Throughout the year, we organize several OCD-focused events for the community, which include OCD Awareness Week, the 1 Million Steps 4 OCD Walk, and the Annual OCD Conference, which brings together health professionals, researchers, those living with OCD, and their loved ones, to learn about the latest research, treatment, and practice in OCD and related disorders. In addition to these community events, our IOCDF Training Institute hosts professional trainings throughout the year so that more health professionals are trained in recognizing and treating OCD.

 

The IOCDF is always looking to expand our resources to meet the needs of the community. As we look toward the future, we have begun establishing brand new community programs such as our Transition Packet Program which will provide information, education, and resources for individuals transitioning out of OCD residential programs, as well as our Anxiety in the Classroom Program which will reshape the way OCD is talked about in schools.

 

With the support of the community, we hope to continue to increase awareness, reduce stigma, and improve the lives of even more people affected by OCD and related disorders.

Get Involved!

To learn more about the IOCDF, including information about how to attend an event, become a member, or make a donation, please visit iocdf.org today.

 

Social Media Posts:

#DidYouKnow that OCD is not a personality quirk

On average, it can take an individual with OCD up to 17 years from the onset of symptoms to receive a proper diagnosis and begin receiving effective treatment. Together we can help to change this statistic by increasing awareness and ending the stigma associated with mental health disorders.

 

Did you also know…

  • 1 in 100 adults are estimated to have OCD. To learn more and gain perspective on this statistic, read this guest post by Morgan Rondinelli.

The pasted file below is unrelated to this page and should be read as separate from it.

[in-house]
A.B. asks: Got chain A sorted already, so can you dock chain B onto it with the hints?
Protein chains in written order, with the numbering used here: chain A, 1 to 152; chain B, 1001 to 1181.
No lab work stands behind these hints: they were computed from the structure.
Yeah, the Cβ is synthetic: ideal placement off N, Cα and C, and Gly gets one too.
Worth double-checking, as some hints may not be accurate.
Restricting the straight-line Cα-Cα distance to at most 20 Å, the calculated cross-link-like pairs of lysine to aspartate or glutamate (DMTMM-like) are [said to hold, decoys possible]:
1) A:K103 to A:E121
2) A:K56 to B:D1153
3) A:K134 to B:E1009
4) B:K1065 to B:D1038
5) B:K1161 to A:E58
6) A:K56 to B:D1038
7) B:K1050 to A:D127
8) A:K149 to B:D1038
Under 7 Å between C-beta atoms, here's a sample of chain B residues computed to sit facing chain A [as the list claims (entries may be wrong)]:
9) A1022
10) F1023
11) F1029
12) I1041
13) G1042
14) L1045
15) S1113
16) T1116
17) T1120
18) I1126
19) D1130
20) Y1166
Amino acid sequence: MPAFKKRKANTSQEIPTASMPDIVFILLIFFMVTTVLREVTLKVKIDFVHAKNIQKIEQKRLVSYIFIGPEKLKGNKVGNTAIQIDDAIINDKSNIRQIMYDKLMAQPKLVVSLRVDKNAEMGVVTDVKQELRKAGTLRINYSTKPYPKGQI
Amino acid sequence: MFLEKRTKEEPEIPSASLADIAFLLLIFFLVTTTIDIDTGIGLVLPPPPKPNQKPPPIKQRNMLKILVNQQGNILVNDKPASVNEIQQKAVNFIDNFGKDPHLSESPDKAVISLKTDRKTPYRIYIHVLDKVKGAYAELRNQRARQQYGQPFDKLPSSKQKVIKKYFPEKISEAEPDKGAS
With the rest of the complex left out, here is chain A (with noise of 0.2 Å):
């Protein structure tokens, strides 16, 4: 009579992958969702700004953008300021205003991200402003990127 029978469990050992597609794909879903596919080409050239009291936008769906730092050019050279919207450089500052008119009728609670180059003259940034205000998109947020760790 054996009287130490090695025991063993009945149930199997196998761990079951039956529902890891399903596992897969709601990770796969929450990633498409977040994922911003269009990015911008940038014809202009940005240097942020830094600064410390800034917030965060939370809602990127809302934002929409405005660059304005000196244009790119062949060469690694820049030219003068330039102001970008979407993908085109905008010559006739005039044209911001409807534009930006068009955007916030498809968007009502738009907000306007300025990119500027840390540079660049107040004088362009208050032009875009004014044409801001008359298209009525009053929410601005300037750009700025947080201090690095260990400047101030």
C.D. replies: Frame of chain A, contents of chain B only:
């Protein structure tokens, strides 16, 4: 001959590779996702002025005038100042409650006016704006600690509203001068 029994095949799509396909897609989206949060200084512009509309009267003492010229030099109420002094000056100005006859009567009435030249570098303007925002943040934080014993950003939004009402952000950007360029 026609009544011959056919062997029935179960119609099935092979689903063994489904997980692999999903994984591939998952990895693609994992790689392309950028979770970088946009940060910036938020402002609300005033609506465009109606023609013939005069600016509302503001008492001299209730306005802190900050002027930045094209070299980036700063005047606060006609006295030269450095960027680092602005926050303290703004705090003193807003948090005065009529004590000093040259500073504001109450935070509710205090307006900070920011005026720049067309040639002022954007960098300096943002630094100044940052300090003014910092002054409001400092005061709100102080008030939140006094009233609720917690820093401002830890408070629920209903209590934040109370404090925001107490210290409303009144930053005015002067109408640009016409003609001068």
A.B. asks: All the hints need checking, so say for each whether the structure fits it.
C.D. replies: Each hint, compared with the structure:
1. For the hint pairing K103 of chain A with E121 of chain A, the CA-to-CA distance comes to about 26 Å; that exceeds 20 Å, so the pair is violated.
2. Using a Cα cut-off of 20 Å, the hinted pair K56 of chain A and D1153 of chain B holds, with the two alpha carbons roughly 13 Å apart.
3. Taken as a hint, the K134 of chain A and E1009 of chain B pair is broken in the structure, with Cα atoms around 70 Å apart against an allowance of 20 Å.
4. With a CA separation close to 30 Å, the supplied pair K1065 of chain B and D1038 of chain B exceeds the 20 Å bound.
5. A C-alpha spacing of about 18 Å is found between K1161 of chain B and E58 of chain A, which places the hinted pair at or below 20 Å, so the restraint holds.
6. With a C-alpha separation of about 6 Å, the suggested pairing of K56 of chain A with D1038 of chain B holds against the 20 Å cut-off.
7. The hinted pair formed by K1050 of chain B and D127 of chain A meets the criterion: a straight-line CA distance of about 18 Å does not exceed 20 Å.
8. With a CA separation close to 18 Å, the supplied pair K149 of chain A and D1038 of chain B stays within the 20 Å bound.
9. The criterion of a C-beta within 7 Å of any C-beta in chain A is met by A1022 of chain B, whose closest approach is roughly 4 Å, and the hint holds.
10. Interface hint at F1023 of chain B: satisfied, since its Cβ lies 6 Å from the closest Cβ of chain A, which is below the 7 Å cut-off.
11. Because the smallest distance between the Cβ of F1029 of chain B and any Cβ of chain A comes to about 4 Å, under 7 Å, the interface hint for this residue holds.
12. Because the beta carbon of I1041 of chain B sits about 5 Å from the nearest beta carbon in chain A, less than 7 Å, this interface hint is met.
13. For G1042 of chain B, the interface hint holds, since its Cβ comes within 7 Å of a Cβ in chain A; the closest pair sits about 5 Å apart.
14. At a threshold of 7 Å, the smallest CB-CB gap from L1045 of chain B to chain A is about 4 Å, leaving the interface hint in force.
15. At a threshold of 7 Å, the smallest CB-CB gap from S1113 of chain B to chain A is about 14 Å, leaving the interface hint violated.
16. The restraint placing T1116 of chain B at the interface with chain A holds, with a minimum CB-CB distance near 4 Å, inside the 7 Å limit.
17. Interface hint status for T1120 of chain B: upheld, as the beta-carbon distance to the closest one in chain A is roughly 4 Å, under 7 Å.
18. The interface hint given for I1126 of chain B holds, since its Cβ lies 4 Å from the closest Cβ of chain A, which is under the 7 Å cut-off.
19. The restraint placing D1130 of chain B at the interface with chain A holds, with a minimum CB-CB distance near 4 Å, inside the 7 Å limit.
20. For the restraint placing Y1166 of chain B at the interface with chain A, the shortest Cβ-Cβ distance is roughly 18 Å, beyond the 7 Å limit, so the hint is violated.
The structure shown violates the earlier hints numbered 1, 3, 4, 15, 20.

• There are as many children in the US with OCD as there are children with diabetes. To learn more, visit our OCD in Kids website.
  • OCD can emerge at any time from preschool to adulthood, but most commonly appears between ages 10-12 or in late teens/early adulthood. Click here to learn about out our new programming specifically for these age groups within the Annual OCD Conference.
  • It takes, on average, between 14 to 17 years between onset of OCD symptoms and access to effective treatment.
  • OCD-related conditions include hoarding disorder (HD) and body dysmorphic disorder (BDD) as well as hair-pulling disorder (trichotillomania) and skin-picking disorder (dermatillomania). To learn more about related disorders, click here.
  • About 70% of patients with OCD will benefit from either cognitive behavioral therapy (CBT) or medication. However, obstacles to getting effective treatment for OCD include:
  • Hiding symptoms due to embarrassment and stigma.
  • Lack of proper training in health professionals.
  • Difficulty finding local therapists who can effectively treat OCD.

If more people knew these facts, would they be more willing to help support the OCD and related disorders community? Would you be willing to partner with us to help spread the word about what OCD really is? With your help we can increase access to resources, support, and treatment for everyone affected by OCD and related disorders.